MacKids Spotlight: K. Tempest Bradford

MacKids Spotlight: K. Tempest Bradford

AuthorSpotlight 3

Meet K. Tempest Bradford, a Black, queer, cis woman (pronouns: she/her), a fantasy and science fiction author who writes tales steeped in Black Girl Magic. In this month’s author spotlight, preview Tempest’s upcoming book Ruby Finley vs. the Interstellar Invasion, publishing on September 29, 2022.

 Where did the idea for Ruby and her story come from?

K. Tempest: It all started with a writing game. For years and years I have played something called The Picture Game. Not sure who came up with it; I was introduced to it by other writing friends. The rules are simple: Find an image (photograph, art, sculpture, whatever) that sparks your interest. Set a timer for 10 or 15 minutes. Write whatever you’re inspired to write based on the image. Don’t stop writing until the timer goes off.

I had found a piece of art by Phil Dragash called “Fight With What You Got” that showed a young Black girl fighting a giant red bug-looking thing with a water gun. I saved it until the next time I played the Picture Game. When I did—with my friend Alethea Kontis—I wrote what ended up being the first chapter. I didn’t think it was a first chapter, I thought it might be the beginning of a short story. When I read it to Alethea, she straight up said: You know that’s the beginning of a middle grade book, right?

I denied it at the time because I was working on an entirely different book. But the story and Ruby kept pulling me back and eventually I gave in and started brainstorming what happened next and how we’d get to the scene in the image that inspired me.

Why did you decide to make Ruby an entomologist? You included so many great details about different insects. What was your research process?

K. Tempest: When I started playing the game I figured that I needed a reason why Ruby would pick up the weird bug she finds in her yard instead of leaving it alone or even being grossed out by it. I decided that she must love bugs and wanted to study it, which led to her having an interest in entomology.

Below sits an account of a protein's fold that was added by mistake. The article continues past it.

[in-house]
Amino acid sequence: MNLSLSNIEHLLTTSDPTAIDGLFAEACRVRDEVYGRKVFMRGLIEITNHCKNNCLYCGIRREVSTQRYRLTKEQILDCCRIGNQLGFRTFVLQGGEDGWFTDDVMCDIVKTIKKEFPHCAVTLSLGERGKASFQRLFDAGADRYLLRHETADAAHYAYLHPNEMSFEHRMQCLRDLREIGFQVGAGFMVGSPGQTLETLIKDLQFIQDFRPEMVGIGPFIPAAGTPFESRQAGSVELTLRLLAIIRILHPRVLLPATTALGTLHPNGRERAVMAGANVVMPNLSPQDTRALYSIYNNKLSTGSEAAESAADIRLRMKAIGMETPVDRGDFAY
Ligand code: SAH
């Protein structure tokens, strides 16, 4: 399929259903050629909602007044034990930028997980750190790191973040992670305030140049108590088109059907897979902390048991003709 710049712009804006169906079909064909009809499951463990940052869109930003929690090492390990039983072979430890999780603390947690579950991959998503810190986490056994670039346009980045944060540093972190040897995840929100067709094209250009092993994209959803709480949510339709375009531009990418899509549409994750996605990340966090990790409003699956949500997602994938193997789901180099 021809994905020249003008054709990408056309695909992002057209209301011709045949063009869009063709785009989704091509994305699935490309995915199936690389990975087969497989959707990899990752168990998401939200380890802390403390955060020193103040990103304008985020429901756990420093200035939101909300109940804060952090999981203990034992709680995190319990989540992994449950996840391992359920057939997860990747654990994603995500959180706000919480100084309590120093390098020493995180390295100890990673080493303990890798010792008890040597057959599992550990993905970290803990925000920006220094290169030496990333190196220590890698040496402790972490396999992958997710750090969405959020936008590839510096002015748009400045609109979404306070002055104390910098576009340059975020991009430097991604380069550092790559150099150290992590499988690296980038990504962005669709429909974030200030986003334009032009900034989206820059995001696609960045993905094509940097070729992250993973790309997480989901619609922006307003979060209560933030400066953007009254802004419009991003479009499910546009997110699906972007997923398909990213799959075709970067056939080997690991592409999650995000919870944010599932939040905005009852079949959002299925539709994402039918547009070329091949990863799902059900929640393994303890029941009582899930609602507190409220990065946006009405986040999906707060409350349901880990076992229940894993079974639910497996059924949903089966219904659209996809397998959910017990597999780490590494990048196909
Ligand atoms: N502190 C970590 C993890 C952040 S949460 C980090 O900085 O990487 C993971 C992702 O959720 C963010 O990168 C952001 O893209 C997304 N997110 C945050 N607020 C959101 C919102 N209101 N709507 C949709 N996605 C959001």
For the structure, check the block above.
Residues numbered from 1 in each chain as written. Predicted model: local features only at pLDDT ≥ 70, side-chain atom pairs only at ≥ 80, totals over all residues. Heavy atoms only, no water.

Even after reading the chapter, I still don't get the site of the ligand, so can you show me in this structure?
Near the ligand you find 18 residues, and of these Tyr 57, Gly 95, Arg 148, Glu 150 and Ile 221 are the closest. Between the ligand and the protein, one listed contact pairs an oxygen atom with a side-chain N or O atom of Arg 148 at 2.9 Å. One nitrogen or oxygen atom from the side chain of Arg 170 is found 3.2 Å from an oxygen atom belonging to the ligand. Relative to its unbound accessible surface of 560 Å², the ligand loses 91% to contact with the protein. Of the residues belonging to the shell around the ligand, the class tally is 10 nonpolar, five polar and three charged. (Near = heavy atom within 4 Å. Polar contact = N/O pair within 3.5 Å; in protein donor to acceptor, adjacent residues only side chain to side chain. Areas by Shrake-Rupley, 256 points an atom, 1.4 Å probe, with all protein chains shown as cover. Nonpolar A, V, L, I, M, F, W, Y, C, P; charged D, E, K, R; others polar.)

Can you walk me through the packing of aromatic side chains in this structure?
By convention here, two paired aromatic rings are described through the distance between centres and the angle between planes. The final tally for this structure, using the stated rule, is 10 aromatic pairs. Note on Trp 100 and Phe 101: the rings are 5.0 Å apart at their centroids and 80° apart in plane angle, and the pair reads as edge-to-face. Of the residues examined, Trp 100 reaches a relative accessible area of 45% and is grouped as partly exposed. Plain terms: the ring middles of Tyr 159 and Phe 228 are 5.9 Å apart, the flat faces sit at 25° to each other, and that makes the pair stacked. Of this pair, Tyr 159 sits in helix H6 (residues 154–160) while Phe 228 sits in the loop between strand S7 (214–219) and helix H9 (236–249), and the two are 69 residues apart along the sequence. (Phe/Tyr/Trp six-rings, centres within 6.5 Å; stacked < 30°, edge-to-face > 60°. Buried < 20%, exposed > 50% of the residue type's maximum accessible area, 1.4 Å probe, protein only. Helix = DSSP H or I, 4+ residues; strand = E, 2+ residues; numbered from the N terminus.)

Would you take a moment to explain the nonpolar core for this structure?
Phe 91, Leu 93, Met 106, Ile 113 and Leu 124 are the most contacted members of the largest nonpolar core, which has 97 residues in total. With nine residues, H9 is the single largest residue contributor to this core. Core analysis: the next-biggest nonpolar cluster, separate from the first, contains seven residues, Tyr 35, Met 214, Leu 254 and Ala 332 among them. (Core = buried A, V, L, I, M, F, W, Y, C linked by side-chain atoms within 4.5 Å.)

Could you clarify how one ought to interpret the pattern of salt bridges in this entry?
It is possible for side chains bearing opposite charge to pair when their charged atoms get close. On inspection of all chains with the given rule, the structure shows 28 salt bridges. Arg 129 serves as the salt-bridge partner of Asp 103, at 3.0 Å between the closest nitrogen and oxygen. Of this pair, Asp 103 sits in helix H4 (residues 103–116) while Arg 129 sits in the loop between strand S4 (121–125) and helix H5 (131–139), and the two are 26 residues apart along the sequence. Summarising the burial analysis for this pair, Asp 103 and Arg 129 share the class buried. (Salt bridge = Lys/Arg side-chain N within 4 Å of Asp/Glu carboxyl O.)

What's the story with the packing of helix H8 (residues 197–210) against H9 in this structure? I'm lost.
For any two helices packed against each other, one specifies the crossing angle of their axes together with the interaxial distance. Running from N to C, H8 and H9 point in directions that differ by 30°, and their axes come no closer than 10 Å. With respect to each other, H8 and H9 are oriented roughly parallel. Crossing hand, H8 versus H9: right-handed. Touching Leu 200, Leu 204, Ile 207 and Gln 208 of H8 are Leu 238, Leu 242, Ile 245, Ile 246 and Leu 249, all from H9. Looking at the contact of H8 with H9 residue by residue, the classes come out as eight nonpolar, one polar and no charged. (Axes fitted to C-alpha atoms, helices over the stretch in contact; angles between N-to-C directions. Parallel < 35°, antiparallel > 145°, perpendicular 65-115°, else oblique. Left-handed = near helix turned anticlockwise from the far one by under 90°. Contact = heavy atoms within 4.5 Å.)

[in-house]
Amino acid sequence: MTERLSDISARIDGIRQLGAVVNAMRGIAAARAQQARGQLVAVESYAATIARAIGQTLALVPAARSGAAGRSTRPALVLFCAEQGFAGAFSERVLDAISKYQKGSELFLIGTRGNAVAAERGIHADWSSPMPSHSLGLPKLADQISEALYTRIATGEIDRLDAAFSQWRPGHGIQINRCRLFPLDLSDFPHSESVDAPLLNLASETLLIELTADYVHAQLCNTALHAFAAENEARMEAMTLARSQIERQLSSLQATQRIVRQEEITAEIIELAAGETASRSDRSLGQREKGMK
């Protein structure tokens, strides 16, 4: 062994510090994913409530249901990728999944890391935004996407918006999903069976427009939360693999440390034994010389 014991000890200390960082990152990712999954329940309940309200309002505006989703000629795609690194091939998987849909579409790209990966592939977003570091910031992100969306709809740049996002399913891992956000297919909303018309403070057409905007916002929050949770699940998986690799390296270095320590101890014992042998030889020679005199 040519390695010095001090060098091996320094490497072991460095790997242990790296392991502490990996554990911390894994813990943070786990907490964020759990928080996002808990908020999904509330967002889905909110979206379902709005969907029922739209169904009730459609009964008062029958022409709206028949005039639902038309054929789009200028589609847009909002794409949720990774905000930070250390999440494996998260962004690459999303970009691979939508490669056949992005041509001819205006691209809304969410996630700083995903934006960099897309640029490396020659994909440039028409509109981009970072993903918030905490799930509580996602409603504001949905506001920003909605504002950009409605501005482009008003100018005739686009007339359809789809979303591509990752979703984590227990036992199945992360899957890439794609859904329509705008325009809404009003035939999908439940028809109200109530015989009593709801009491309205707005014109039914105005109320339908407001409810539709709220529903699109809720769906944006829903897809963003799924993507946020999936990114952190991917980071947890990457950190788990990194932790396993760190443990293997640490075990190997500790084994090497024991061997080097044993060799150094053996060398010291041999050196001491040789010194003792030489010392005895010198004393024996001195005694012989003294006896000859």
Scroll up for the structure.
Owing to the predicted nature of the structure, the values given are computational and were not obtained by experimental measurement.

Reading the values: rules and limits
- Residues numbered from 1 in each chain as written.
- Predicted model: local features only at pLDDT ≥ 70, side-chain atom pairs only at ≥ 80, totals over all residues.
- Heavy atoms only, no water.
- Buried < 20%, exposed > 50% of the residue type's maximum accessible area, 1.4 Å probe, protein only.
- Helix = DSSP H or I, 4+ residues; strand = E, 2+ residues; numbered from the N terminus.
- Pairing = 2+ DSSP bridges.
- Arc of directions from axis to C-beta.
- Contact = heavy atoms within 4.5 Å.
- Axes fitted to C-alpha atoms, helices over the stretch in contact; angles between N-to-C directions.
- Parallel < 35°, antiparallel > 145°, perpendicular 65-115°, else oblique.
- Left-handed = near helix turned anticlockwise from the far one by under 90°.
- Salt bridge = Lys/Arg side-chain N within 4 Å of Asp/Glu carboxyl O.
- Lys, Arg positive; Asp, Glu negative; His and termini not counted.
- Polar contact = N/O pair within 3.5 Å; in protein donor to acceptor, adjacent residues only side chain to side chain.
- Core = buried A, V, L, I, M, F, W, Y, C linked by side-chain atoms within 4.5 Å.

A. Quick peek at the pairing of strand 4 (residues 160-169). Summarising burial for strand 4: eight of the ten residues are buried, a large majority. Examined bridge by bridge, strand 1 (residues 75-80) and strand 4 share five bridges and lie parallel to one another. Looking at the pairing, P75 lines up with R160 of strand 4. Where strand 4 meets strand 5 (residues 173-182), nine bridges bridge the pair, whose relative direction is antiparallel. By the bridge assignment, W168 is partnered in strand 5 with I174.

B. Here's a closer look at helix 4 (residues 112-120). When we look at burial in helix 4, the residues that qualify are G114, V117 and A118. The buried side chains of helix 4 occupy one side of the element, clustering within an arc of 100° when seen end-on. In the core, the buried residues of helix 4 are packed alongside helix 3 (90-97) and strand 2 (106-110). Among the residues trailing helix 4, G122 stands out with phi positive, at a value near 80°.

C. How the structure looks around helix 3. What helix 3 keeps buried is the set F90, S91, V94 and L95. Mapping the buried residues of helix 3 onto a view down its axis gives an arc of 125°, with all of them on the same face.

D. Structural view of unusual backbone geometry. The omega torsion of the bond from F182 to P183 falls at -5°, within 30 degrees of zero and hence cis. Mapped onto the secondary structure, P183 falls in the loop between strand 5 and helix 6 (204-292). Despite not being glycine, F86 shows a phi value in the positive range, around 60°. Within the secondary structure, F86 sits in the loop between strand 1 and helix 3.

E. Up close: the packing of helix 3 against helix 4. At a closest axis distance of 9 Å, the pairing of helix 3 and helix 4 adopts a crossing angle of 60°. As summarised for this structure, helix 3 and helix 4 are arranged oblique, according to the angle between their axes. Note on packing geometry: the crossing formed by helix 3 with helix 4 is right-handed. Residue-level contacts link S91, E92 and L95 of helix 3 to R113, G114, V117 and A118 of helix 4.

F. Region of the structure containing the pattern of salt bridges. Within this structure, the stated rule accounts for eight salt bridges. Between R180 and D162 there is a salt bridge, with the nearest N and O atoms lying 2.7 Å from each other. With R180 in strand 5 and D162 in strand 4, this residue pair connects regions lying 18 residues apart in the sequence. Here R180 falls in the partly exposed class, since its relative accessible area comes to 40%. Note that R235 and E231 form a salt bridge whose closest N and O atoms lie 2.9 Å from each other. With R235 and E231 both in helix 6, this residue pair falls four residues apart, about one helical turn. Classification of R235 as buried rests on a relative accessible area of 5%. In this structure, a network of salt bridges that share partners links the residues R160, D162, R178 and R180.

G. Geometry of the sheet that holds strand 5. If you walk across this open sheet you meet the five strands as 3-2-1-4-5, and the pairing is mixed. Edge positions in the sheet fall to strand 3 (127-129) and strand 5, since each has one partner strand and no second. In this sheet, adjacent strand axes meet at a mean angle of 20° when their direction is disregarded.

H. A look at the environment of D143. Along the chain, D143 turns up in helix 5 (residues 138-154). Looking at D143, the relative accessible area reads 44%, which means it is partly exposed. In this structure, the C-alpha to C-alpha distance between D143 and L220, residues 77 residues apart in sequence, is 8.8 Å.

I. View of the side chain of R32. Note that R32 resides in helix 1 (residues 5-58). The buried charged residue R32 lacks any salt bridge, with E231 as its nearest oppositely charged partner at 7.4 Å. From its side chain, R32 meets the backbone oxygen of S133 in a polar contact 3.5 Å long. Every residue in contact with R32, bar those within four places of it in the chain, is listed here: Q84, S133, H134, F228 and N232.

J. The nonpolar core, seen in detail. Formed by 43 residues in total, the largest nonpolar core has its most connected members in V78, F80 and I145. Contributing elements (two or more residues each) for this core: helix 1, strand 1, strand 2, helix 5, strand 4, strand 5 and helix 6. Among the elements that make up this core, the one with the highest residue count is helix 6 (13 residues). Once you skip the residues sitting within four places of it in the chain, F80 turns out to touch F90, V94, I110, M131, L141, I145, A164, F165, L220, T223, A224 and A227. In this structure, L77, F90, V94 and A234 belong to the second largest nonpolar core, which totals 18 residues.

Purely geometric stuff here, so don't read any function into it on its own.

When I finally decided to write the book, I kept this aspect because I wanted Ruby to be highly intelligent and love science, which isn’t something I see very often in depictions of young Black girls in media.

That was my motivation for many of the choices I made about Ruby’s world. I wanted to show Black people and Black communities that mirrored my experience, which I don’t often see in books or other media. I decided on a tight-knit community, intergenerational households, loving, involved parents, and kids who form friend groups that aren’t driven by competition or meanness for that reason.

Making Ruby an entomologist did come with some consequences: now I had to learn more about bugs. I don’t like bugs. I’m like the Gramma in the book where I am ready to get out the flyswatter or the bug spray anytime I see one. I had to learn to look at them more the way Ruby would.

When writing the first draft this meant doing some general searches to find insects and bugs that either complimented what was going on in the story or would be easily recognizable if I mentioned them.

During the revising process I needed to come up with an appropriate science fair project for Ruby, so I delved into websites that had suggestions for middle school projects. I found a website that listed the details of all science fair projects submitted in California, which is where the idea for the bee experiment came from. That’s also how I learned how good bees are at tracking scent.

I allowed my curiosity about certain insects and bugs to lead me down research rabbit holes and I ended up learning so much! Some of the info I kind of wish I didn’t know (parasitic wasps are so problematic). Now I have much more respect for and interest in various bugs. In fact, just the other week I gave some of my lunch to a yellow jacket wasp. Normally I would run away, but after my research I understood that she was looking for protein to give the young ones, so I set aside a tiny bit of turkey. She took it and flew away and didn’t sting me. Win!